This tiny fish does not have an easy name, but it more than makes up for it by being easy on the eyes. Whether you know this nano fish as Celestichthys margaritatus or as the celestial pearl danio, this small but intensely colored fish is gorgeous. These little guys have a range of base body color, from a dark steely gray, to a deep midnight blue. They also have little spots that dot their entire body, which are a pearly white to cream colored. Both sexes have bright orange fins, but the males have additional dense black striping above and below the orange. When the danios are fired up and ready to breed, their normally whitish belly fires up to an orange and red. Their moniker of “celestial pearl” comes from the white spots on the dark base, which look almost like stars in the night sky. Their name Celestichthys also translates roughly to “heavenly fish”, and their species name margaritatus to “adorned with pearls”, and this name makes perfect sense as soon as you see this fish.
This fish is typically caught in the wild from pools in the foothills of Myanmar, as well as in the Salween River and even into northern Thailand. They are typically found in permanently flooded grassland which is formed by damming springs for agricultural purposes, but further back historically, they would likely have been found in those dammed springs. The water there typically is lush with plants, especially ones that grow densely such as Blyxa and Egeria species. A planted aquarium is great for these fish, since they would experience plants in the wild too. Blyxa japonica is a common aquarium plant, and relatively easy to grow as well, not requiring CO2 at all, and not caring about water hardness, so it would be a great choice if you are looking to set up a biotope aquarium. The water is fairly neutral, and these fish are fairly adaptable to different water parameters. Water hardness should exist, but not be too high, and try to keep it under 250 ppm.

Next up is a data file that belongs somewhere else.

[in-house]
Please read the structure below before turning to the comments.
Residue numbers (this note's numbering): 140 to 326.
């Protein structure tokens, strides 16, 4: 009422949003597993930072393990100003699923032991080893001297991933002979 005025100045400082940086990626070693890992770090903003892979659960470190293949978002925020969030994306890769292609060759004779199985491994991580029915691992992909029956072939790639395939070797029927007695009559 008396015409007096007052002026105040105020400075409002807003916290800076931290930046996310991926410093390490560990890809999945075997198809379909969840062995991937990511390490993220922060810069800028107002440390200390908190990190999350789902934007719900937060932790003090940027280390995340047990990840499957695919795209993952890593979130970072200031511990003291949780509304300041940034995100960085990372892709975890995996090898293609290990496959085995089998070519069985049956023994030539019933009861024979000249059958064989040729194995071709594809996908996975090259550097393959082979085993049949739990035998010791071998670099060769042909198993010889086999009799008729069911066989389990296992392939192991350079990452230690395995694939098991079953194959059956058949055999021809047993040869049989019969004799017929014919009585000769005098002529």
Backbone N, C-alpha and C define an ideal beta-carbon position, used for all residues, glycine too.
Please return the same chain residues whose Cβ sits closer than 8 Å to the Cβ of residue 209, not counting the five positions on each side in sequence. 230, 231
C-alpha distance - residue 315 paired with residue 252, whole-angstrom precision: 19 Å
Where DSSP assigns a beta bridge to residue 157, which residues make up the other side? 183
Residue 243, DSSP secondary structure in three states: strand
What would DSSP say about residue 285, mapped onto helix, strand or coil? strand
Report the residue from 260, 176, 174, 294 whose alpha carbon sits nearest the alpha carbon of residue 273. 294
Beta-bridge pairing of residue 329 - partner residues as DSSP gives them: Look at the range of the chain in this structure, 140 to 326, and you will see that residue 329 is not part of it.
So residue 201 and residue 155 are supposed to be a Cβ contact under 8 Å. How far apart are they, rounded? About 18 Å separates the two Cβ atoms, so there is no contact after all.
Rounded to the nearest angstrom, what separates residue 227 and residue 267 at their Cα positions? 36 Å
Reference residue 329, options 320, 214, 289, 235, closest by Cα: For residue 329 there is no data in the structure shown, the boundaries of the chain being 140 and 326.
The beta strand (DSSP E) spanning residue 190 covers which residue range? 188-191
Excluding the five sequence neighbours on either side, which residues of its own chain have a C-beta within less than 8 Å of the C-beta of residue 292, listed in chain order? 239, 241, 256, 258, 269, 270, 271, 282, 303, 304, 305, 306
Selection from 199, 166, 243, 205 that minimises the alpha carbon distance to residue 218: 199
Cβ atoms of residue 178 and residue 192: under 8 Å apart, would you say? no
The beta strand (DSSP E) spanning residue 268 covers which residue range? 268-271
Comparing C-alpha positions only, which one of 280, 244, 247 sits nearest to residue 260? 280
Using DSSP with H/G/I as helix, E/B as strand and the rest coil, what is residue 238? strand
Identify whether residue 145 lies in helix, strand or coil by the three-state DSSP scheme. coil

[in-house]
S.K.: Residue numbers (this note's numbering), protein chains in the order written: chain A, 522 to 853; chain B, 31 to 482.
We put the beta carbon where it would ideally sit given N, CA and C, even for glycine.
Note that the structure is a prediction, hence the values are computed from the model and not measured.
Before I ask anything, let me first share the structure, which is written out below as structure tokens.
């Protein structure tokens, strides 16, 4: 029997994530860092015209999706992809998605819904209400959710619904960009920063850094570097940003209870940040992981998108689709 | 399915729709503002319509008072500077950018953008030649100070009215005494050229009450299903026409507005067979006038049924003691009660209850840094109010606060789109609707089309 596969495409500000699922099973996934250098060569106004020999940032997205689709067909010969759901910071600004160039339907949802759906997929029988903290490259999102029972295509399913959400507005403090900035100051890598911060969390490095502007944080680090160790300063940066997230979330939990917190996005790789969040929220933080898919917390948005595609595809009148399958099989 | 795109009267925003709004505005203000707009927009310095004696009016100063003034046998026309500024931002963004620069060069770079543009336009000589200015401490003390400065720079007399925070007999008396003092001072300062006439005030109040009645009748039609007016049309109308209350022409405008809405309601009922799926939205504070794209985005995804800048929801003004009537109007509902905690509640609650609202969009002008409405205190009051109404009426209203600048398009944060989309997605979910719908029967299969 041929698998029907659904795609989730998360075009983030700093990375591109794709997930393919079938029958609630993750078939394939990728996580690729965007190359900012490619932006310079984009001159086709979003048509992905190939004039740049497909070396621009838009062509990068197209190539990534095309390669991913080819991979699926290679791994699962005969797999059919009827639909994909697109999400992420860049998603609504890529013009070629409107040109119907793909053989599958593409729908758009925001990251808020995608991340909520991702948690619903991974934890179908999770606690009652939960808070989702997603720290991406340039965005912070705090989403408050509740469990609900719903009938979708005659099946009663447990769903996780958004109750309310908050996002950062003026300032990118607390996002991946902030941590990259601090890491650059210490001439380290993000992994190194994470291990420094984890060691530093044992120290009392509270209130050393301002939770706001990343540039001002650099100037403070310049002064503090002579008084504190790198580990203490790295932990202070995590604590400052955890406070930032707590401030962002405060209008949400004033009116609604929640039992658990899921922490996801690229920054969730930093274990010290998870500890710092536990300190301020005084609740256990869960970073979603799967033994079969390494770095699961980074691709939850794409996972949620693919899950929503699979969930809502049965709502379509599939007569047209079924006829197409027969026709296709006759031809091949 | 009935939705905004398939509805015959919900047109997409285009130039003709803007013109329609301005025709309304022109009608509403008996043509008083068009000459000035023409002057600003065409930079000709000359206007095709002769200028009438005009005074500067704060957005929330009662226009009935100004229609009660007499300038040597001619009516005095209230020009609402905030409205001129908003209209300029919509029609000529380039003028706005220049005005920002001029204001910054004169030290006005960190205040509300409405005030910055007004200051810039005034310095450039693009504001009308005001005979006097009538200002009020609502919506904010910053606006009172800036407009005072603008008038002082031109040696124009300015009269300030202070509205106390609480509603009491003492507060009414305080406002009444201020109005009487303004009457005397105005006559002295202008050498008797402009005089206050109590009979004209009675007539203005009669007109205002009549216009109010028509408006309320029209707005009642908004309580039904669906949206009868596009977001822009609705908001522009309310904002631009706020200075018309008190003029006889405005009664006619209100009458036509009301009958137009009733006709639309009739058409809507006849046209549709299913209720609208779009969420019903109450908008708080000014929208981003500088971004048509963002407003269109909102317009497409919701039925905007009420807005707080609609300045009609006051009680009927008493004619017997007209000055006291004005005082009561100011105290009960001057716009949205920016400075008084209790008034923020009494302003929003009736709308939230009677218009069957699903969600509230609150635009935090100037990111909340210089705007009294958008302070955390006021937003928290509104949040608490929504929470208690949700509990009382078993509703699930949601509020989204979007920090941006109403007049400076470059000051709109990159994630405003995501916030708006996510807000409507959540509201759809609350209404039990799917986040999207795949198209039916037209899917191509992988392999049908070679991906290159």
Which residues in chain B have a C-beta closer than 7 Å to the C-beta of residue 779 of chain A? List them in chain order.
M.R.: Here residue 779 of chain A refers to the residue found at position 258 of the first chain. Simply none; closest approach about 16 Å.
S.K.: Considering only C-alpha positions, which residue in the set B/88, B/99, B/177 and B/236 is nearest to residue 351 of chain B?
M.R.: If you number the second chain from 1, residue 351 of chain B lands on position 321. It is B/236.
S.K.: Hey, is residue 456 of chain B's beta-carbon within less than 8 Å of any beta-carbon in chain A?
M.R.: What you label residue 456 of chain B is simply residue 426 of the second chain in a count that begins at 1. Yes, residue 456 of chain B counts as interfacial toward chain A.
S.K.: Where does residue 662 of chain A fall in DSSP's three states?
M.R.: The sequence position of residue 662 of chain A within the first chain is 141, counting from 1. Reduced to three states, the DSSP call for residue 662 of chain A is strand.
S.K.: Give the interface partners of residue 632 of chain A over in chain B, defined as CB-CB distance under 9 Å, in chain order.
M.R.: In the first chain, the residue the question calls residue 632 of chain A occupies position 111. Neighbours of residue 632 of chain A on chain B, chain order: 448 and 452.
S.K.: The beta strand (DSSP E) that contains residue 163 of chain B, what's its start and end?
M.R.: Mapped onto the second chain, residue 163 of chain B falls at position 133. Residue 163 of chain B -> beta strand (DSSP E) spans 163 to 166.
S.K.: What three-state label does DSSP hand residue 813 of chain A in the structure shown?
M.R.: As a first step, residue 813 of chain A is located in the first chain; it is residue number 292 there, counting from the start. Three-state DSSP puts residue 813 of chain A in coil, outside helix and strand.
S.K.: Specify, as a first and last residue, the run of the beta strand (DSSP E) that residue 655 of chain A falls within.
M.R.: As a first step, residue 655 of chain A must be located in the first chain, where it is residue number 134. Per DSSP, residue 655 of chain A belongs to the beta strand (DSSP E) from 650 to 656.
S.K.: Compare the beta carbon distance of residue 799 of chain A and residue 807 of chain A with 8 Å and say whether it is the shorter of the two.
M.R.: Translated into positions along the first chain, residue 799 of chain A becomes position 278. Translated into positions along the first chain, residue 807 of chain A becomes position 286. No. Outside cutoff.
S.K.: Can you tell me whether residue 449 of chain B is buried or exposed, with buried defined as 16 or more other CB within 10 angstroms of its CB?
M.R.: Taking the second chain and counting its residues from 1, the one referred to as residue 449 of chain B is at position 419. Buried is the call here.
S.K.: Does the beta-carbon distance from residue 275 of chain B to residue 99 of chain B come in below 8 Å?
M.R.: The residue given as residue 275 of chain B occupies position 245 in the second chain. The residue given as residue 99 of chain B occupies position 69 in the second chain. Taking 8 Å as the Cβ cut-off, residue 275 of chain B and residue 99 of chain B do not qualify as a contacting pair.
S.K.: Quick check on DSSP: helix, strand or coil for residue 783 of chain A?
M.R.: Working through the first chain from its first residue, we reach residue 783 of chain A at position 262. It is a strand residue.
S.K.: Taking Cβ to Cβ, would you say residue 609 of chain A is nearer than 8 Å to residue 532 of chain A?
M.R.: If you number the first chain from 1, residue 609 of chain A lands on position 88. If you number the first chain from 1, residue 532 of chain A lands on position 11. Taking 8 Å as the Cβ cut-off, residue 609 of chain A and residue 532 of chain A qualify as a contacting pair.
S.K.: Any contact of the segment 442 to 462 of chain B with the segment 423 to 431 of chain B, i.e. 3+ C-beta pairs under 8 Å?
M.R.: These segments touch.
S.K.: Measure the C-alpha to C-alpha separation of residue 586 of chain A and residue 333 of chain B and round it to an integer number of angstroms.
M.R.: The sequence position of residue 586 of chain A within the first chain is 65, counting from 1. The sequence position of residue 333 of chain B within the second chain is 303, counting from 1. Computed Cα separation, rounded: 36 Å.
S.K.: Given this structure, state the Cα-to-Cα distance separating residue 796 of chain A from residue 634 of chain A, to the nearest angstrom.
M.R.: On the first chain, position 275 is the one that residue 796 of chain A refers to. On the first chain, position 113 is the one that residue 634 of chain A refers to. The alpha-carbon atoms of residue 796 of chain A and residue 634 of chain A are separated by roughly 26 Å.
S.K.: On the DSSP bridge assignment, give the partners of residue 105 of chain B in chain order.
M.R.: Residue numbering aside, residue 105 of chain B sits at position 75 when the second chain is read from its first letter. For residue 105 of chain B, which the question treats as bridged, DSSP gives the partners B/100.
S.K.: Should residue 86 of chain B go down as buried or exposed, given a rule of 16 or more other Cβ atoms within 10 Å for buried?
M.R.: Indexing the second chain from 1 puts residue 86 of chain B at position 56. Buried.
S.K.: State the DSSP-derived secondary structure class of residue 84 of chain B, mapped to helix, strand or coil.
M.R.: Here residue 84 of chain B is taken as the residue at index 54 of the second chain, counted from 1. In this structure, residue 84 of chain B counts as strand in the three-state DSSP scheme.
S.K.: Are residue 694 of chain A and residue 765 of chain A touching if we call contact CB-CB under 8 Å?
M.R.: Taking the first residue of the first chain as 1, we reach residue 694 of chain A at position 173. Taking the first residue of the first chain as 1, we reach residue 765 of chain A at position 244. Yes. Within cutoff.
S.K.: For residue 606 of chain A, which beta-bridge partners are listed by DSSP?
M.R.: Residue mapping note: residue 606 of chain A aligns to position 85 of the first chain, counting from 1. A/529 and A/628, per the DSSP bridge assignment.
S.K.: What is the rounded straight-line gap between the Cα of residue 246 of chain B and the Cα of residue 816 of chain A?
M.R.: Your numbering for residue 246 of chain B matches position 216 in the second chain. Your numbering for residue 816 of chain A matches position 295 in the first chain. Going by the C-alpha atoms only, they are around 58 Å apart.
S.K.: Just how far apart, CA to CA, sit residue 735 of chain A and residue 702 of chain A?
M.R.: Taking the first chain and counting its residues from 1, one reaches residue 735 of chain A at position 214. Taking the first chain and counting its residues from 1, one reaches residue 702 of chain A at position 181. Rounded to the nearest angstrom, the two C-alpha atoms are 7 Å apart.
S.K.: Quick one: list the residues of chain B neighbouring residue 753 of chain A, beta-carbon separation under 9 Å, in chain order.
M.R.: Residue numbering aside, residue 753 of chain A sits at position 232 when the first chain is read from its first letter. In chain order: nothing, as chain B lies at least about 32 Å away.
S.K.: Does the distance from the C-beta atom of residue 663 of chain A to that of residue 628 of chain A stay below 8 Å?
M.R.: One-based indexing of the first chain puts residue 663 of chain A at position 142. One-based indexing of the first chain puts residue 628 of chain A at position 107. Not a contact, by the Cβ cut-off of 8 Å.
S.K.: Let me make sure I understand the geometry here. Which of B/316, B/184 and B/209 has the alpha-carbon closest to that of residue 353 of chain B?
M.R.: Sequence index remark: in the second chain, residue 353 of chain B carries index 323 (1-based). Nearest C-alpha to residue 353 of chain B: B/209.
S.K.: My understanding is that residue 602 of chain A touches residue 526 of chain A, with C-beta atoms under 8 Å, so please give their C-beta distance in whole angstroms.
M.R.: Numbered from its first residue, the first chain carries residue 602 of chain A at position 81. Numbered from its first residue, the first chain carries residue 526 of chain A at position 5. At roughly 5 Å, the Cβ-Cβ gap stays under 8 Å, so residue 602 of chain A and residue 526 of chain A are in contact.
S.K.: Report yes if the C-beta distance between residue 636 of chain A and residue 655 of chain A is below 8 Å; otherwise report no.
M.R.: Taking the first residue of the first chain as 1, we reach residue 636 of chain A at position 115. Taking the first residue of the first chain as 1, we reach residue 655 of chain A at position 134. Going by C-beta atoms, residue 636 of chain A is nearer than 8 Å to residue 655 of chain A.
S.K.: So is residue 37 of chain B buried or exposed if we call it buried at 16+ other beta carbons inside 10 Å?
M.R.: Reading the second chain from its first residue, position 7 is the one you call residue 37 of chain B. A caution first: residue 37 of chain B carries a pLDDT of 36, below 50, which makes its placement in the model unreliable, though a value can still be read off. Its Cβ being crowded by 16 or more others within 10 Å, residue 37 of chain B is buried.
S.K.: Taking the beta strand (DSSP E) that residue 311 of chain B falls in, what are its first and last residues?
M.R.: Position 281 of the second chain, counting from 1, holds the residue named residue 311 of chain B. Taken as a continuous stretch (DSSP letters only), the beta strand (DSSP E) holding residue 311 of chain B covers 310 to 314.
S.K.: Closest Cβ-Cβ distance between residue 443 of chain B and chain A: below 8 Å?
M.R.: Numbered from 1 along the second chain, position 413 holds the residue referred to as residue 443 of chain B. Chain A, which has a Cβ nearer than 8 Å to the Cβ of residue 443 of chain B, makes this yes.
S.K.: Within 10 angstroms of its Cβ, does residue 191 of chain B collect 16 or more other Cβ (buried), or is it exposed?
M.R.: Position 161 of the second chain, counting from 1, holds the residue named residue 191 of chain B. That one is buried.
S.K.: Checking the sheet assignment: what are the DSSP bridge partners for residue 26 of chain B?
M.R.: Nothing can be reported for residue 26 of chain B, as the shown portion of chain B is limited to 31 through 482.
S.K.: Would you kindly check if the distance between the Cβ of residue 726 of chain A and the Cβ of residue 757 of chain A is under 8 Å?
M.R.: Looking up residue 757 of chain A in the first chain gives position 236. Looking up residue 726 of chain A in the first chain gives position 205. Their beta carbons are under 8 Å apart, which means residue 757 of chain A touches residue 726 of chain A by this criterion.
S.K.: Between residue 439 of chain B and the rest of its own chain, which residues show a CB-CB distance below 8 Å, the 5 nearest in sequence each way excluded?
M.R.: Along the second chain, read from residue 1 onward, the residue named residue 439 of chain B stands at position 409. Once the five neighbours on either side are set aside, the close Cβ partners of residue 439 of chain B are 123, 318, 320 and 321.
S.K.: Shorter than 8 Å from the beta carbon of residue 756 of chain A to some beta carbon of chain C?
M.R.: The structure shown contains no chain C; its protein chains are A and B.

If you plan on keeping this tiny fish in a community tank, be very careful what species you choose to keep with them, as these fish do not reach an inch long, with the largest recorded specimen being just over 2cm. Because of this, they are quick to run and hide from anything in the tank, and so you should really consider keeping them in a species-only setup in order to give them a sense of security, so that they will actually be out and about. As with most danios, the CPD is an egg scatterer that relies on laying a lot of eggs to further the generations, and shows no parental care. If you give them a large enough setup, you might have some success with colony breeding them, but if you want them to have a large number of babies, you will want to rescue the eggs and raise them yourself. The toughest part of raising these fry is getting them food, as when they are born they are not big enough to eat baby brine shrimp. If you have always loved salmon, but know that your tank is way too small, these guys are the perfect alternative! These schooling fish do not ship individually.
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